Friedel-Crafts Reaction

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The purpose of this experiment is to perform a Friedel-Crafts reaction of ferrocene. Friedel-Crafts reactions are examples of electrophilic aromatic substitution reactions in which the electrophile is a carbocation or an acylium ion. These reactions form a carbon-carbon bond and allows for either an alkyl or acyl group to be substituted onto an aromatic ring. Figure 1 shows the general mechanism for the Friedel-Crafts acylation of benzene. First, the alkyl halide reacts with a strong Lewis Acid catalyst, usually aluminum chloride, to form a complex, which will then lose the halide to the Lewis acid to give the electrophilic acylium ion. The ion, stabilized by resonance, will react with the p-electrons from a double bond in benzene (acting as a nucleophile) and form the cyclohexadienyl cation intermediate and the tetrachloroaluminate anion. The anion then acts as a base to remove a proton from the ring and reform the initial Lewis acid. The ring regains its aromaticity and the product, an aromatic ring with an acyl substituent is fully synthesized.…show more content…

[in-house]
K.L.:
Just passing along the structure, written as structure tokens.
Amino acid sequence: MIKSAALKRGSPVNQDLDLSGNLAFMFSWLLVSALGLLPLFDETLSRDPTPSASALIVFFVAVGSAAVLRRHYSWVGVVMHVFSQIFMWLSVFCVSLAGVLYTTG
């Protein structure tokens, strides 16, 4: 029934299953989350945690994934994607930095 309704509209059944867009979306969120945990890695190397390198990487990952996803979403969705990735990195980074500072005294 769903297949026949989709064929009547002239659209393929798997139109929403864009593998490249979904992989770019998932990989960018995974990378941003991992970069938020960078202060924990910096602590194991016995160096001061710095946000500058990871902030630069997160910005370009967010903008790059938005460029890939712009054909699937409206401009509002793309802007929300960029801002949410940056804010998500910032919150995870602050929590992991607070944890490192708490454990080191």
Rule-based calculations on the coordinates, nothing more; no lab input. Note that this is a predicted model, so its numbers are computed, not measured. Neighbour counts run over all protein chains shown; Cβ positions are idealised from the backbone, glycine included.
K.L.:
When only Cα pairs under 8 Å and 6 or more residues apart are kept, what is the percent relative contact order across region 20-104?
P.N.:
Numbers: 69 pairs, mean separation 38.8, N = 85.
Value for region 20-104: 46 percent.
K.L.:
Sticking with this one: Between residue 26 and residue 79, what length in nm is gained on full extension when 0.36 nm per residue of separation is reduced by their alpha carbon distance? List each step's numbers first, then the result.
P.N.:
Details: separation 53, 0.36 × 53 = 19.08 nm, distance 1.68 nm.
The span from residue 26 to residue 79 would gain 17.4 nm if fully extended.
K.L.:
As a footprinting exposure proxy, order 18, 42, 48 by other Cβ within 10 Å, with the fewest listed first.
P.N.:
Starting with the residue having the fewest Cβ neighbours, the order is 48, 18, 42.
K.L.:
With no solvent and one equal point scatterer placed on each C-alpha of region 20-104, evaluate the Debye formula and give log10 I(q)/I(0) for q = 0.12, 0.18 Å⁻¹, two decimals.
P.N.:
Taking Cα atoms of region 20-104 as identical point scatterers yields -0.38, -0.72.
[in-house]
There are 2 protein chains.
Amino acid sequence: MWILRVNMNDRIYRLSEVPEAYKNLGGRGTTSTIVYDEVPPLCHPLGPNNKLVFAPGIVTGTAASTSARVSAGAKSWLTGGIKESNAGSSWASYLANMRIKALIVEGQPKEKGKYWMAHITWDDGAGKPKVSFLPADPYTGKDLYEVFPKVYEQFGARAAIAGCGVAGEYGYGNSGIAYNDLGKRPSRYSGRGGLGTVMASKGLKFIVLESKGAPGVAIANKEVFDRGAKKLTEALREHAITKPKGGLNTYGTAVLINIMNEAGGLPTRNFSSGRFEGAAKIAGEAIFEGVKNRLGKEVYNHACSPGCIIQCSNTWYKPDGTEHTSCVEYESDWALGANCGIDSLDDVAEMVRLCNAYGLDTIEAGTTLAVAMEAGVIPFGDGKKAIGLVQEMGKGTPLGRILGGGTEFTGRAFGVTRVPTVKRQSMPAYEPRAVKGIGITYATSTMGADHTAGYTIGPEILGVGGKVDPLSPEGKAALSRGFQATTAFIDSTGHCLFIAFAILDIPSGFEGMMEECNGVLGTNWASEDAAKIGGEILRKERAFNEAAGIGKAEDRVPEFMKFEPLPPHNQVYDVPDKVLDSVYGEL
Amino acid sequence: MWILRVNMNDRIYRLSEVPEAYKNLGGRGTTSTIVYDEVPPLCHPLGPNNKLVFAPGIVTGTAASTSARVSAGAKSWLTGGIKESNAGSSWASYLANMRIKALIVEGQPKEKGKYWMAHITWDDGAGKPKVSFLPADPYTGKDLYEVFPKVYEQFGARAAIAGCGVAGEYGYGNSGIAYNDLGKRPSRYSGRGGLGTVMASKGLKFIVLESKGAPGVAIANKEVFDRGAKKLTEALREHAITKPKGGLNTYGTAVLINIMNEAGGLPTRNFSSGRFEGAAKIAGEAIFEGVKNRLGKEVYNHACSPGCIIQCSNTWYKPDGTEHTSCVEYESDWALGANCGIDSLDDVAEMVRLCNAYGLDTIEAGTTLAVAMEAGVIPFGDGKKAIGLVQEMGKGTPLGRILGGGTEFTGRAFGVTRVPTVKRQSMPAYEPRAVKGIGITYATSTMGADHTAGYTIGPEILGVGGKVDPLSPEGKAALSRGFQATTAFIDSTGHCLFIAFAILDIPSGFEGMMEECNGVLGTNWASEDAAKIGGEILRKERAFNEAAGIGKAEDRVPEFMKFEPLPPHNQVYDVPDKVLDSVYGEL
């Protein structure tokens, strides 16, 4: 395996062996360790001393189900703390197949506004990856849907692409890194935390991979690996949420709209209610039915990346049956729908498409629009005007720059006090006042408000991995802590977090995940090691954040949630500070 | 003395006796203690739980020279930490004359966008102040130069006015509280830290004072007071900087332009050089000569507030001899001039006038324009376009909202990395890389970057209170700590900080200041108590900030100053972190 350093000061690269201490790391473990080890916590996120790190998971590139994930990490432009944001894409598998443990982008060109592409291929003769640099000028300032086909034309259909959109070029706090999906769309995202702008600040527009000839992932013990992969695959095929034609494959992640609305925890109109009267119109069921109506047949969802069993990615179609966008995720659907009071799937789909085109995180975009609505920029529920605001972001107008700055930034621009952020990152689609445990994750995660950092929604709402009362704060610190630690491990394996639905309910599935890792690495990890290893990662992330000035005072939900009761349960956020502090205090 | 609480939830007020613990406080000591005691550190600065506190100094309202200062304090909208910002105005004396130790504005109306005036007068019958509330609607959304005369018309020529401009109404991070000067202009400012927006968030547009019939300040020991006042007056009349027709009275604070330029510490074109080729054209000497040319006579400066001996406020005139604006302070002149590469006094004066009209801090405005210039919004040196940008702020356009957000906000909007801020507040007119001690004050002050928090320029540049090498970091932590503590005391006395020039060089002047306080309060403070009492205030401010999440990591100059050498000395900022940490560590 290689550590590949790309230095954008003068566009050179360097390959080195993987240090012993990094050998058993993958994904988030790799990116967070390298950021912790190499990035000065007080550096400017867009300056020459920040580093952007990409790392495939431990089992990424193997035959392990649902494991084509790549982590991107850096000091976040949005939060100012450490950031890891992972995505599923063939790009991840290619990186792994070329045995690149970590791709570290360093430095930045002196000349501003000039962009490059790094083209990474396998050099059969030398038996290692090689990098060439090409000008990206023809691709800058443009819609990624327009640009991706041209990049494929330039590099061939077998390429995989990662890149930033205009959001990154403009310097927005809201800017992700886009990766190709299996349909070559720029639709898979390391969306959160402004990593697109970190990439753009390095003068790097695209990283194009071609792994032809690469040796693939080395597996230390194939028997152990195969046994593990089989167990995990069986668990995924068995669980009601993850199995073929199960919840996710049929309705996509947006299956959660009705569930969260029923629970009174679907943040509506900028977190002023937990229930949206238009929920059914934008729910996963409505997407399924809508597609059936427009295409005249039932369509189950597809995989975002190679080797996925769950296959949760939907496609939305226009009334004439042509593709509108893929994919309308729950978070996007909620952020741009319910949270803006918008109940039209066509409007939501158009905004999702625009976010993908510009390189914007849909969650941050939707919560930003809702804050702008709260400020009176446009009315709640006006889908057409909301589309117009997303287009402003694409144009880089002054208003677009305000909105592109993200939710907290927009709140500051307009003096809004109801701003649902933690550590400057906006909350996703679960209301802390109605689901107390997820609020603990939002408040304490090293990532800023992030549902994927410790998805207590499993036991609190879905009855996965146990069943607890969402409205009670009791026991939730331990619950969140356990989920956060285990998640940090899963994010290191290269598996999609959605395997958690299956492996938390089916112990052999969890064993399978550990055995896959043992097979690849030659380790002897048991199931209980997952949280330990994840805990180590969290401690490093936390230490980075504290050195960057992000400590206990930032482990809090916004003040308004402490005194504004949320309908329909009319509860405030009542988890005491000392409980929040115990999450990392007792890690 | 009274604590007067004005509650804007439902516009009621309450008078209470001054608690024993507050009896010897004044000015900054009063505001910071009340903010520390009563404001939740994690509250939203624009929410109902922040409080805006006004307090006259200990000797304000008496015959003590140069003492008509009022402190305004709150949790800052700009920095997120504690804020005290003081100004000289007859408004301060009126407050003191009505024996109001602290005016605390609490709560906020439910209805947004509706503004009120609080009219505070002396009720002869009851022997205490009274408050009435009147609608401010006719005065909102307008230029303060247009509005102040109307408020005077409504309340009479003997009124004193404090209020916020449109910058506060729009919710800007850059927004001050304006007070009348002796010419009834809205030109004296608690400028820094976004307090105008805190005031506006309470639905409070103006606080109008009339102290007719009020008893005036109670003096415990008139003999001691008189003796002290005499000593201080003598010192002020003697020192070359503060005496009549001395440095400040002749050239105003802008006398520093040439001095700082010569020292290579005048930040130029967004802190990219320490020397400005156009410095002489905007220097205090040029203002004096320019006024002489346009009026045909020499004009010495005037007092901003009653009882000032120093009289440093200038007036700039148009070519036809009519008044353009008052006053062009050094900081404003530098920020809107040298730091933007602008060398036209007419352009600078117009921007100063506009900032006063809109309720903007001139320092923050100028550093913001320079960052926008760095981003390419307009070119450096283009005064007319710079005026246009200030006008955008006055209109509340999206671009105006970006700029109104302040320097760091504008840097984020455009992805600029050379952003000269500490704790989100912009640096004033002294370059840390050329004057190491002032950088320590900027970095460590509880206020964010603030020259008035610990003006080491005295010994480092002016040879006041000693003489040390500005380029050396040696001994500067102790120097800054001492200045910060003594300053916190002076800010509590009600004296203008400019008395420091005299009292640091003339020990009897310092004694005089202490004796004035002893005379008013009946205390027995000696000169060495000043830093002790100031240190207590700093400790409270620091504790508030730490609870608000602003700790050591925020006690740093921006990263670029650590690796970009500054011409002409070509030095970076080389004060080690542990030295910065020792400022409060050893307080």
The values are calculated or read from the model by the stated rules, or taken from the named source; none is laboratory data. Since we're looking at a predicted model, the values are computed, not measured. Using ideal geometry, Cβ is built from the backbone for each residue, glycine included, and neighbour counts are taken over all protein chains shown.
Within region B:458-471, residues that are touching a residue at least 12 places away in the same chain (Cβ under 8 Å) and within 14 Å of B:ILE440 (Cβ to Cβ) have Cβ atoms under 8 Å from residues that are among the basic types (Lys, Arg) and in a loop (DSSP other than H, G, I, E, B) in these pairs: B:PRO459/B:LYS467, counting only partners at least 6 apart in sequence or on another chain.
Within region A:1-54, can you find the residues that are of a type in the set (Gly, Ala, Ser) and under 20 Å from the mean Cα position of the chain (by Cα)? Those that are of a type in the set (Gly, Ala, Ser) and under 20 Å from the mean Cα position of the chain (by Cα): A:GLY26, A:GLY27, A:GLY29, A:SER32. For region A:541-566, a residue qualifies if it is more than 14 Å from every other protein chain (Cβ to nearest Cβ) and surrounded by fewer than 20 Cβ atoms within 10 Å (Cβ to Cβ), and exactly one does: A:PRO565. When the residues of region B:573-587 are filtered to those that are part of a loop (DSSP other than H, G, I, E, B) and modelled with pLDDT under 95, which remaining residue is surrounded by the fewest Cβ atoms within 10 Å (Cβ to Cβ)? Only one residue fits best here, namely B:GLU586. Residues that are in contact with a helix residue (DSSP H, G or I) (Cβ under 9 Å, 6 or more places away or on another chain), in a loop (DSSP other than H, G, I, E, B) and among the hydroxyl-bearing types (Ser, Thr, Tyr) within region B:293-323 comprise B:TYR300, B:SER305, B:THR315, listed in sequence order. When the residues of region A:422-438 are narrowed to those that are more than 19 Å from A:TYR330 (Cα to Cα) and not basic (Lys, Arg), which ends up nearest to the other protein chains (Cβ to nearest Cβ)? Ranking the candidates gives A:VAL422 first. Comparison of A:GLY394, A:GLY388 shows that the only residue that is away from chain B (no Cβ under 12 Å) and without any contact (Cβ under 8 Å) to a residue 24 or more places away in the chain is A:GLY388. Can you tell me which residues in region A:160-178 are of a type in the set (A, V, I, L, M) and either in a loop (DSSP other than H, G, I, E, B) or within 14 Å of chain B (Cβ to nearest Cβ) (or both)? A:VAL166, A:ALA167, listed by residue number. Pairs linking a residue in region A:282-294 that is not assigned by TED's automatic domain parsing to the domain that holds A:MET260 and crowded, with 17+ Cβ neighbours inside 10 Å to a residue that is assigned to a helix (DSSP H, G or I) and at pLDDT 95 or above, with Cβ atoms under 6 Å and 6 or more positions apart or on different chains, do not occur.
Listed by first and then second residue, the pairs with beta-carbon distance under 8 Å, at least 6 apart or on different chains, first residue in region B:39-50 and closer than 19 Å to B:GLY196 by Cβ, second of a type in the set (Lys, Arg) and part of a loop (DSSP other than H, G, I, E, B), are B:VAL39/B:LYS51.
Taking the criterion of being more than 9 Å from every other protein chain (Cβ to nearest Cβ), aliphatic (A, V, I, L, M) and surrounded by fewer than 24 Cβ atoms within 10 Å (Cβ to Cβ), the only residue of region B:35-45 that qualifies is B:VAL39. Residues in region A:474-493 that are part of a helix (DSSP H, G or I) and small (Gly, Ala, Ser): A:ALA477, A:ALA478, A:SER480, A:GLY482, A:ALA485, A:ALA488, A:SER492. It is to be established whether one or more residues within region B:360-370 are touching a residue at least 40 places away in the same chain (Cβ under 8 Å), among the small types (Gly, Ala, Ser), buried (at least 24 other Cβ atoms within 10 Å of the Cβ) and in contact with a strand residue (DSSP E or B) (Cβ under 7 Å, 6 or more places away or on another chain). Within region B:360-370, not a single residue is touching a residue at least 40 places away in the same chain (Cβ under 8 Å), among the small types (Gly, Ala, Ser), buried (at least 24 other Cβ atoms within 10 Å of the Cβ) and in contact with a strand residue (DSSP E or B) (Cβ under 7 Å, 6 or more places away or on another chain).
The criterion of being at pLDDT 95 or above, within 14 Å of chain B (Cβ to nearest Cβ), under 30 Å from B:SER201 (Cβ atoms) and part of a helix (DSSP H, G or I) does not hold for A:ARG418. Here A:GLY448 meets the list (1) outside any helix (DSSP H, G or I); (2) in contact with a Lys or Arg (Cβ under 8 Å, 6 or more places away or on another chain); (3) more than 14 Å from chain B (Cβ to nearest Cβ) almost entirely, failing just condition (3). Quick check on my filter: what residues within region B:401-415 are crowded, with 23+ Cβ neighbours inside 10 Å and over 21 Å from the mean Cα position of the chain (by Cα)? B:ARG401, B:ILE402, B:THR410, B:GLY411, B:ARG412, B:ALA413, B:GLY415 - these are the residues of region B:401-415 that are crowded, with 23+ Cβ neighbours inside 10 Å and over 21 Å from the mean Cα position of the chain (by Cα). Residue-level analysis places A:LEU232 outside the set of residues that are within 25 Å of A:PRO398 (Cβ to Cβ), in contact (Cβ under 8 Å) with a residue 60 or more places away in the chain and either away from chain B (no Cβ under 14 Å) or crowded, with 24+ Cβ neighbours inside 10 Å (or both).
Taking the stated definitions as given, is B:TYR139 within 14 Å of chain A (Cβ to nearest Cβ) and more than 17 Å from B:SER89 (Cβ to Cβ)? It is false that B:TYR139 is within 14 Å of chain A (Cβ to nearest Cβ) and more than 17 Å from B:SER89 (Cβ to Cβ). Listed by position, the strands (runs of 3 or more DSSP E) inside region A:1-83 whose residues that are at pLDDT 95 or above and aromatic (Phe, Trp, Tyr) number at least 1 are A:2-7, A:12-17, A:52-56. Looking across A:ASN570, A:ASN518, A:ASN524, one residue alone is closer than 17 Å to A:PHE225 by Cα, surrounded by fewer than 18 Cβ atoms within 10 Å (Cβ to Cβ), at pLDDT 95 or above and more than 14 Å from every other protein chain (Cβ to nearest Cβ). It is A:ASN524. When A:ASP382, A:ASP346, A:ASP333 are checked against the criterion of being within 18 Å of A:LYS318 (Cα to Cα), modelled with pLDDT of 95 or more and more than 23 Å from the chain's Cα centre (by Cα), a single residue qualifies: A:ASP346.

Instead of using a simple benzene derivative as a reactant, the substrate being used is ferrocene, which consists of a central iron atom bounded or sandwiched between two cyclopentadienyl rings. This synthesis also involves greener reagents. As stated above, aluminum chloride is often used as a strong Lewis acid catalyst to start the reaction. However, it is corrosive and can give off considerable quantities of acidic and toxic wastes. Since ferrocene is highly reactive (due to its two cyclopentadienyl rings), AlCl3 can be replaced with a more benign catalyst, phosphoric acid. This reaction will also use acetic anhydride in place of an alkyl halide. Figure 2 shows the mechanism for this

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